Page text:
Review the positions in your business

 
The positions in most SMEs have evolved into their present form rather than having been created with specific objectives and duties. This means that the roles of team members often overlap or don't incorporate everything the person could be doing. A thorough review of each position will clarify these vital details and put your business in a position to run more efficiently. The review should be done in conjunction with the person in the position so that both of you gain a clearer understanding of the role and its responsibilities.

 

Tasks of the position


Begin by making a simple list of all tasks each employee does - "answer telephones", "purchase stationery", "collect mail" and so on. For each task list the outcomes that the work is to accomplish. Be as comprehensive as possible and ask why each task contributes to the functioning of the business. "Answering telephones" makes a contribution to sales, to accounts, to public relations and frees up managers to spend their time more effectively. Then create a brief outline about how each task is performed:
  • Is it performed manually or with the use of equipment?

  • Is it performed independently or with the assistance of someone else in the office?

  • Is it required to be performed at specific times of the day?

  • How much time does it take each time the task is performed?

  • What skills are required for completing the task?

Priority of each task


Assign each task a level of importance according to its contribution to the business. Use only three classifications:
  • Essential - the business will not survive unless this task is done

  • Valuable - contributes to the functioning of the business but not essential to its survival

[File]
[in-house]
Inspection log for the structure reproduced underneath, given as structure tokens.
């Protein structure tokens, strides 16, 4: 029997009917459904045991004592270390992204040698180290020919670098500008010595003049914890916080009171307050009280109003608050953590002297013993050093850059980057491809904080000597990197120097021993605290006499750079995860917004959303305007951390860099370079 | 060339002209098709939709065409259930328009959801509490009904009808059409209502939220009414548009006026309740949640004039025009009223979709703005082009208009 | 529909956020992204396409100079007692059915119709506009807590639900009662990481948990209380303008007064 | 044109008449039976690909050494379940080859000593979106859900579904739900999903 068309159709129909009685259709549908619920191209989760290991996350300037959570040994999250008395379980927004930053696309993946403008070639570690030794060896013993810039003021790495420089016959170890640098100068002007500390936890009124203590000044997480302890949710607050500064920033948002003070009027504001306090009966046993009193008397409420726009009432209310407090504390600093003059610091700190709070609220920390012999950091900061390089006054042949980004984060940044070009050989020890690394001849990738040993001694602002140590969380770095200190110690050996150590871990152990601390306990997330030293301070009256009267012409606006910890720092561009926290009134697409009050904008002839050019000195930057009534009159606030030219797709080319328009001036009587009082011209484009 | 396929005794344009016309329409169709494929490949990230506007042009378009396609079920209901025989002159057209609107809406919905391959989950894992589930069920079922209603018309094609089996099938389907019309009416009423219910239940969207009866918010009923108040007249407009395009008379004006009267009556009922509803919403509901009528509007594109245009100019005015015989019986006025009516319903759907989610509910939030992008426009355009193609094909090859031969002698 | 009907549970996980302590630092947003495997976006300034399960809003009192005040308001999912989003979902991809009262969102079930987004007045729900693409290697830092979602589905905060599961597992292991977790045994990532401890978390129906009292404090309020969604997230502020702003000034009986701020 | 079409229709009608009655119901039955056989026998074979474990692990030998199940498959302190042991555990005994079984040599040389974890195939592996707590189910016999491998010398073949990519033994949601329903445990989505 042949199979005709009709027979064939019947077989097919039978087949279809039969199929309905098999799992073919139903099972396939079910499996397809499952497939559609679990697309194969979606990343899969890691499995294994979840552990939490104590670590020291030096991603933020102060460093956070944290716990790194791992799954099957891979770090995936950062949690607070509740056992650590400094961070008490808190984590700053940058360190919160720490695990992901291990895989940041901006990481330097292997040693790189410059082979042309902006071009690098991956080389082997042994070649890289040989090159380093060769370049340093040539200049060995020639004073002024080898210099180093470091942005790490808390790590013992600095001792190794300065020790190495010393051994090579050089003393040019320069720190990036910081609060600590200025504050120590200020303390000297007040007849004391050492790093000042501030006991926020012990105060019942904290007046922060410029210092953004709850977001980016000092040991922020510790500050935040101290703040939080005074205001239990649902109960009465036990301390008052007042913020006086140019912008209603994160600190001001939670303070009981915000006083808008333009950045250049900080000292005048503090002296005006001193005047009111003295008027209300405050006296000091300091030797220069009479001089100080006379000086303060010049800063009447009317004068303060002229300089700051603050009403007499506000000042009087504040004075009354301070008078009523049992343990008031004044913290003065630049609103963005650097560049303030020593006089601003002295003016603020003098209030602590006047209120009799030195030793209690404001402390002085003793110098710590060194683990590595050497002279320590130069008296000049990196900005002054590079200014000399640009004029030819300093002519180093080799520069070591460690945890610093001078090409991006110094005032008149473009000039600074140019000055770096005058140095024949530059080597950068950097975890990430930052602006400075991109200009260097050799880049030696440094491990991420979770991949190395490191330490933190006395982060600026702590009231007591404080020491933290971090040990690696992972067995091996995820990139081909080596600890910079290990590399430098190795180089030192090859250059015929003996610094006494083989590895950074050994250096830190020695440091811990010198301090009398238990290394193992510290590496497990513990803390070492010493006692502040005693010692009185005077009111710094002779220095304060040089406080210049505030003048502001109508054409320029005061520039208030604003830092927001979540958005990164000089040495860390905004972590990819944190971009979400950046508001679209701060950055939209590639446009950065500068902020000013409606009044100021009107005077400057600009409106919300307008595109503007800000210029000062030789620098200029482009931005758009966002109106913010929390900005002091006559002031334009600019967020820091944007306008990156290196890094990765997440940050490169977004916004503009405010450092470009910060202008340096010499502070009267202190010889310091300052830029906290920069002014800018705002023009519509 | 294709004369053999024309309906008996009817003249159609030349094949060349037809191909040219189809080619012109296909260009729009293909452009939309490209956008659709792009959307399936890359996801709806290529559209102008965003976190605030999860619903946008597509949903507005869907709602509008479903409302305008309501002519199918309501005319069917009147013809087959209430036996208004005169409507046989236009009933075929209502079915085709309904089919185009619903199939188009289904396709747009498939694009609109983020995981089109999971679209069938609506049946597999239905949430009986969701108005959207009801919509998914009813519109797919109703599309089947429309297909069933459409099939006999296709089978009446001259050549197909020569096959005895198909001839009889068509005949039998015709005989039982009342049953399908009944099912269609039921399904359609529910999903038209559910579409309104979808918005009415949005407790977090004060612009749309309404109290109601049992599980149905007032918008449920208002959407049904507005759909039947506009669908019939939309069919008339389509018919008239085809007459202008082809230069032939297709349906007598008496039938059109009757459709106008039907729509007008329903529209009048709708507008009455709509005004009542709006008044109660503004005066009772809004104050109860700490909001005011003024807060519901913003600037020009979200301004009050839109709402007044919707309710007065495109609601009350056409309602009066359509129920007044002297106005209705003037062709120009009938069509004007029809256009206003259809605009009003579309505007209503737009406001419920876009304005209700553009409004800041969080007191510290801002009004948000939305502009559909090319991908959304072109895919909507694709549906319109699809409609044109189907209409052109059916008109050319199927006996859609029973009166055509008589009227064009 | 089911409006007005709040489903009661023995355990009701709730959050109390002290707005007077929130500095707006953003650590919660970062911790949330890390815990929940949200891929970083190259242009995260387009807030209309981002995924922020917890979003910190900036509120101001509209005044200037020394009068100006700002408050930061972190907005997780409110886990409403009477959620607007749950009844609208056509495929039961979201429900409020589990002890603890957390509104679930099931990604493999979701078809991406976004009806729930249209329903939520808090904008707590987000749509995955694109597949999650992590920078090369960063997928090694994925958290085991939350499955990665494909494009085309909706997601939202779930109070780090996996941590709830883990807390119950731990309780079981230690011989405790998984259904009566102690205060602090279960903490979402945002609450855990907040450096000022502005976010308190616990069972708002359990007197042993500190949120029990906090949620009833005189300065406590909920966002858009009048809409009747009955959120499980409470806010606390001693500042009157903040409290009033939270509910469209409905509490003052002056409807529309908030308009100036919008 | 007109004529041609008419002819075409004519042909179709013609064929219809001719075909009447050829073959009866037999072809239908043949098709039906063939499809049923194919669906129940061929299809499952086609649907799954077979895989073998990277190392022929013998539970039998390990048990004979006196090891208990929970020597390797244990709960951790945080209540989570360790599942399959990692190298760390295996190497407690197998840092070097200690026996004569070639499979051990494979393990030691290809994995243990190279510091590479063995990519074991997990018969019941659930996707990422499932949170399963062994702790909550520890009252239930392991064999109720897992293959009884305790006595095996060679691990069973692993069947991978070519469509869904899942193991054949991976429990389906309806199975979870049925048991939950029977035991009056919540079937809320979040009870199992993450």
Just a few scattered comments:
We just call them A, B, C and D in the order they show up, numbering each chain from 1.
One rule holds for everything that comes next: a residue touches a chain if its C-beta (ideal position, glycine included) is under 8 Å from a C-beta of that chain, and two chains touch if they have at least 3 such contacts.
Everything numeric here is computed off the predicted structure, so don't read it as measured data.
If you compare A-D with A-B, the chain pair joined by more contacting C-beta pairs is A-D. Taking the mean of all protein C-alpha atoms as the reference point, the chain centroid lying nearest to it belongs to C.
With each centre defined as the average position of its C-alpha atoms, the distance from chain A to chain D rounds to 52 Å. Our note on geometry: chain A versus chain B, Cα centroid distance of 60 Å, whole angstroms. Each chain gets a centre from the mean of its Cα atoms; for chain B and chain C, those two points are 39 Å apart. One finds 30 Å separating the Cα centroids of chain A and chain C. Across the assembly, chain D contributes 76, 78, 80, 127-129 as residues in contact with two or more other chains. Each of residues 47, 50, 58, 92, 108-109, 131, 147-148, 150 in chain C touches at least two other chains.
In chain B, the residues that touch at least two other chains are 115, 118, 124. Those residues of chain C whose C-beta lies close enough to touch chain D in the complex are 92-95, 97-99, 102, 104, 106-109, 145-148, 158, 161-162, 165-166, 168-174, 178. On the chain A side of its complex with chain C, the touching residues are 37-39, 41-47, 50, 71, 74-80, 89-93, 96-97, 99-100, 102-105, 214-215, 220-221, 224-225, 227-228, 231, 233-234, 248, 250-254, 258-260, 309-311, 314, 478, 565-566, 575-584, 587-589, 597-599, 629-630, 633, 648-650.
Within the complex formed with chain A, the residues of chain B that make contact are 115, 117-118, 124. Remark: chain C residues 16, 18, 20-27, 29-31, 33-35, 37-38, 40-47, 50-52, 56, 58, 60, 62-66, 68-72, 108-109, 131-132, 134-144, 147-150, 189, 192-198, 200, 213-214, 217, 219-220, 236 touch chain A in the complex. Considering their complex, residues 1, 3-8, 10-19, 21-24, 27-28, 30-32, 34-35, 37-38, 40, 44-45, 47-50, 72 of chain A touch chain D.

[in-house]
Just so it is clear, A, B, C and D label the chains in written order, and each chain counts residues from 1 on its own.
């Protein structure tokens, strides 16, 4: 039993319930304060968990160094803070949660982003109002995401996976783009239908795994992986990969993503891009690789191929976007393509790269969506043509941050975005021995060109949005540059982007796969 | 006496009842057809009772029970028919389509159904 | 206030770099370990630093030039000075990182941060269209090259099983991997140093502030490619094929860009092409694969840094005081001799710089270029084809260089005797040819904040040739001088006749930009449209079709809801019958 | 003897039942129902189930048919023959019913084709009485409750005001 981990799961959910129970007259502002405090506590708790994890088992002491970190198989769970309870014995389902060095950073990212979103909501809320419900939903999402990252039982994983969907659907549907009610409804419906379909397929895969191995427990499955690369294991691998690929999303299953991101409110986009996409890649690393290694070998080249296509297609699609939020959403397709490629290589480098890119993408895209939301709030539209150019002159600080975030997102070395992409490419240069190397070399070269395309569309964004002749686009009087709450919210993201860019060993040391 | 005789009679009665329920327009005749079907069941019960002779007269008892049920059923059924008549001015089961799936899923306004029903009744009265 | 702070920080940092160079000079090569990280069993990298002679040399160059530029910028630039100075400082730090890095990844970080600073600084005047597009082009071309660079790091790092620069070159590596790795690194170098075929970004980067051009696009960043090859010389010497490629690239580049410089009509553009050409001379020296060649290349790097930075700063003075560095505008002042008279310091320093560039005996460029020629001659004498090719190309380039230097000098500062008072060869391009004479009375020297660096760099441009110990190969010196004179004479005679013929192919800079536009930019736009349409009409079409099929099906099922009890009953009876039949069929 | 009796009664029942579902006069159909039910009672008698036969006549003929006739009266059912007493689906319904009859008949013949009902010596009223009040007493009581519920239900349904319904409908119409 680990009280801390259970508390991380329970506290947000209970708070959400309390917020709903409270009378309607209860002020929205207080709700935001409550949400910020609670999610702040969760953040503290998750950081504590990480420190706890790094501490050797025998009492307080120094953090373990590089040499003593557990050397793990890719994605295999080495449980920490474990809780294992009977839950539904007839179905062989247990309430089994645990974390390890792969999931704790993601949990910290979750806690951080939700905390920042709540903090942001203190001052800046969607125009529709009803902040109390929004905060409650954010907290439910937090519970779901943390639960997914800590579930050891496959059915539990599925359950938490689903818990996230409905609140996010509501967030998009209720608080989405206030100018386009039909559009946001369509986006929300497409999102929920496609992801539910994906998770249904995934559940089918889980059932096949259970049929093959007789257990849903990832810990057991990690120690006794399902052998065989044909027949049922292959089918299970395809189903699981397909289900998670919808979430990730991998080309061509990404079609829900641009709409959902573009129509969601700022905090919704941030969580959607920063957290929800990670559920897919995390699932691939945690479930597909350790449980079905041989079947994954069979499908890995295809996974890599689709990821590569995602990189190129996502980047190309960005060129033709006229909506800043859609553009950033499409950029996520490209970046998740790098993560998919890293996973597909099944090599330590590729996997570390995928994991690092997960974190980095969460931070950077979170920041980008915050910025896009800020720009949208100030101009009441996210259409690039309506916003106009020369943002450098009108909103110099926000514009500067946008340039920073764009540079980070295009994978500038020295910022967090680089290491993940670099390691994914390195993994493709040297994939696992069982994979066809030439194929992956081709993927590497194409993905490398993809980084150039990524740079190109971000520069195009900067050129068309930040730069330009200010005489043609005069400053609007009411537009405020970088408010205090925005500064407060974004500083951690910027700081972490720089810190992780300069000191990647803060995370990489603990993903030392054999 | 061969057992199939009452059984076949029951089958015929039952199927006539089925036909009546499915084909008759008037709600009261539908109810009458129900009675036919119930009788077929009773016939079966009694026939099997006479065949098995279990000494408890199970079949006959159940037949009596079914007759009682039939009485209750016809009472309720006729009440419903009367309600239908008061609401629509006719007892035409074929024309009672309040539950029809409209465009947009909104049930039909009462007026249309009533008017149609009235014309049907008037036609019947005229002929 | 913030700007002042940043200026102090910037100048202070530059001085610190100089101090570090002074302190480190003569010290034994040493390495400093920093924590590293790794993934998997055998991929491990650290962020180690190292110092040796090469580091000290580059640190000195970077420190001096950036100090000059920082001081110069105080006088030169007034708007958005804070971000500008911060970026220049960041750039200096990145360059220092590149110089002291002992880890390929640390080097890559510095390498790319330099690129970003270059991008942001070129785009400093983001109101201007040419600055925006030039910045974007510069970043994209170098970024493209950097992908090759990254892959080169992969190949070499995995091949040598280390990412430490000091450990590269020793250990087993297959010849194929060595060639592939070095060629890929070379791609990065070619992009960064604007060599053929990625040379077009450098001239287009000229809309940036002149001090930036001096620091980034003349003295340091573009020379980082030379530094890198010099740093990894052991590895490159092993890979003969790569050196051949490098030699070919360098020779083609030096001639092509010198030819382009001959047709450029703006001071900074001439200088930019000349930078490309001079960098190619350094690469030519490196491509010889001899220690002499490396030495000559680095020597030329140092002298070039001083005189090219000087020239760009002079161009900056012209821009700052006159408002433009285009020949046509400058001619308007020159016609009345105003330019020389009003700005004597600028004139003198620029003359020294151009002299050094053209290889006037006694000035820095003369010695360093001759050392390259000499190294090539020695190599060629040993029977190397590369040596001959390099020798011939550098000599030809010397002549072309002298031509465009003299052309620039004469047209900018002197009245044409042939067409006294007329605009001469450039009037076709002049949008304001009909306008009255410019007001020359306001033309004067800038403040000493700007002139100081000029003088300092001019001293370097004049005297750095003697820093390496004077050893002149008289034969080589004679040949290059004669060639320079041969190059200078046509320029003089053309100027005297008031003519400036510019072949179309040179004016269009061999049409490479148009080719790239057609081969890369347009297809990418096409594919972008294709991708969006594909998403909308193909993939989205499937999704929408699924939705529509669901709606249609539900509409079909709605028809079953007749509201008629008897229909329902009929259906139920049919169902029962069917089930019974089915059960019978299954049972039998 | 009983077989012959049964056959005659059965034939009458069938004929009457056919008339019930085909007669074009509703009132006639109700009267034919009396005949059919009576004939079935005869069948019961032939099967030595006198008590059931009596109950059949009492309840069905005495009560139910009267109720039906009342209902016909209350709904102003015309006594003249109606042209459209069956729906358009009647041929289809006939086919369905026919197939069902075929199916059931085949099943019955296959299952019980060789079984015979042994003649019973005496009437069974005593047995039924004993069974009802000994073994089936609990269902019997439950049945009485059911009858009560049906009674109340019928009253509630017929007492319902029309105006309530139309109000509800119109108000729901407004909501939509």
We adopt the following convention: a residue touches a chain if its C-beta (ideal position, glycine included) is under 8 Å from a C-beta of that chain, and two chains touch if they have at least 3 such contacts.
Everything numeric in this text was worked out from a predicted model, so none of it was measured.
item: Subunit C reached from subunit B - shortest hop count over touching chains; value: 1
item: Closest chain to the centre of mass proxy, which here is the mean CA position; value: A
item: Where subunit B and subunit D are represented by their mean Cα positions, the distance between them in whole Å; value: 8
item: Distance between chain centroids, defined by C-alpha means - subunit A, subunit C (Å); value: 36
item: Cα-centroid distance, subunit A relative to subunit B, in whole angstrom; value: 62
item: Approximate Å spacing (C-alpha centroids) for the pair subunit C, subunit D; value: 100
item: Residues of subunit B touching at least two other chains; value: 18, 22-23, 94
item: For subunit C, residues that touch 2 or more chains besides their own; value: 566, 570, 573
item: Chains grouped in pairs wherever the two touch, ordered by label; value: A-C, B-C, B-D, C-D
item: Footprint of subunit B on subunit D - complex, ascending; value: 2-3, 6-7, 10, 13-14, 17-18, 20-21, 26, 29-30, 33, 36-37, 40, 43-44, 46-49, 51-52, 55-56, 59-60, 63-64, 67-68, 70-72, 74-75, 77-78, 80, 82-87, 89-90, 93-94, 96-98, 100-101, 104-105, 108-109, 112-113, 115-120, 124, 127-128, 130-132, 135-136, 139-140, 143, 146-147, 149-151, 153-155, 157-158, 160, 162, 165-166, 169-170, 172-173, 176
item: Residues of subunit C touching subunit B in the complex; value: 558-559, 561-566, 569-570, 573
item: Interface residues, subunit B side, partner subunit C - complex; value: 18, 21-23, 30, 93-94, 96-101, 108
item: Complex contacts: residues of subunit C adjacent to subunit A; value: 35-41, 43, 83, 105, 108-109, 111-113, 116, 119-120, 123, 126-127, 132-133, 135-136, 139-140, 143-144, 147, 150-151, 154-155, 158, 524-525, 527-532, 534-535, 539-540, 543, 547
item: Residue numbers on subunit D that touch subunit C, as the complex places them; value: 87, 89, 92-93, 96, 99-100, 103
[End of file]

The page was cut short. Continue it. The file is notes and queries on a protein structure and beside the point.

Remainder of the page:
• Nonessential - if the task was not performed it would have no effect on the business
This requires some sensitivity to people's feelings as everyone thinks that what they do is important. Duties such as picking up the owner's dry cleaning or collecting money for a weekly lottery entry may be part of somebody's responsibilities but contribute nothing to the business.

Document the essential tasks


Prepare a "how to" step-by-step manual for performing each essential task in the business. As you do this, go through every step and ask whether this is the best way to do it or if there is a way to improve it. If the person now performing a task leaves the business it will be much simpler to bring a new person up to speed because you'll have a written procedure they can follow. (Ideally these procedures and associated information will be available via an on-line searchable "manual".)

Examine the valuable tasks


Tasks that are considered valuable deserve closer examination. Each should be analysed to answer the following questions:
  1. Should this function be performed by someone else in the business?

  2. Are the outcomes of this task the same as another task that's being performed?

  3. Is the task being performed at the optimum time of the day?

  4. Is the equipment being used appropriate for the task?

  5. If the task is performed with others, are you using the best combination of team members?

  6. Is too much time being spent on the task?
There are tasks that are valuable to a business but could be handled in a way that adds more value. If the person doing the task is struggling then consider training them up or reassigning the task; or perhaps they're being performed inefficiently because the wrong equipment is being used; or maybe they are just being done in a way that consumes too much time.

Eliminate the nonessential tasks


The final step in your review is to eliminate any nonessential tasks. This will free up team members' time for better performance of their other duties and for new tasks that may have been put aside because there wasn't time for them.

Contact us

Email results@businessacademy.nz

 

Skype PhilANZ

 

Phone 04 920 0911

 

P.O. Box 30-545, Lower Hutt 5040

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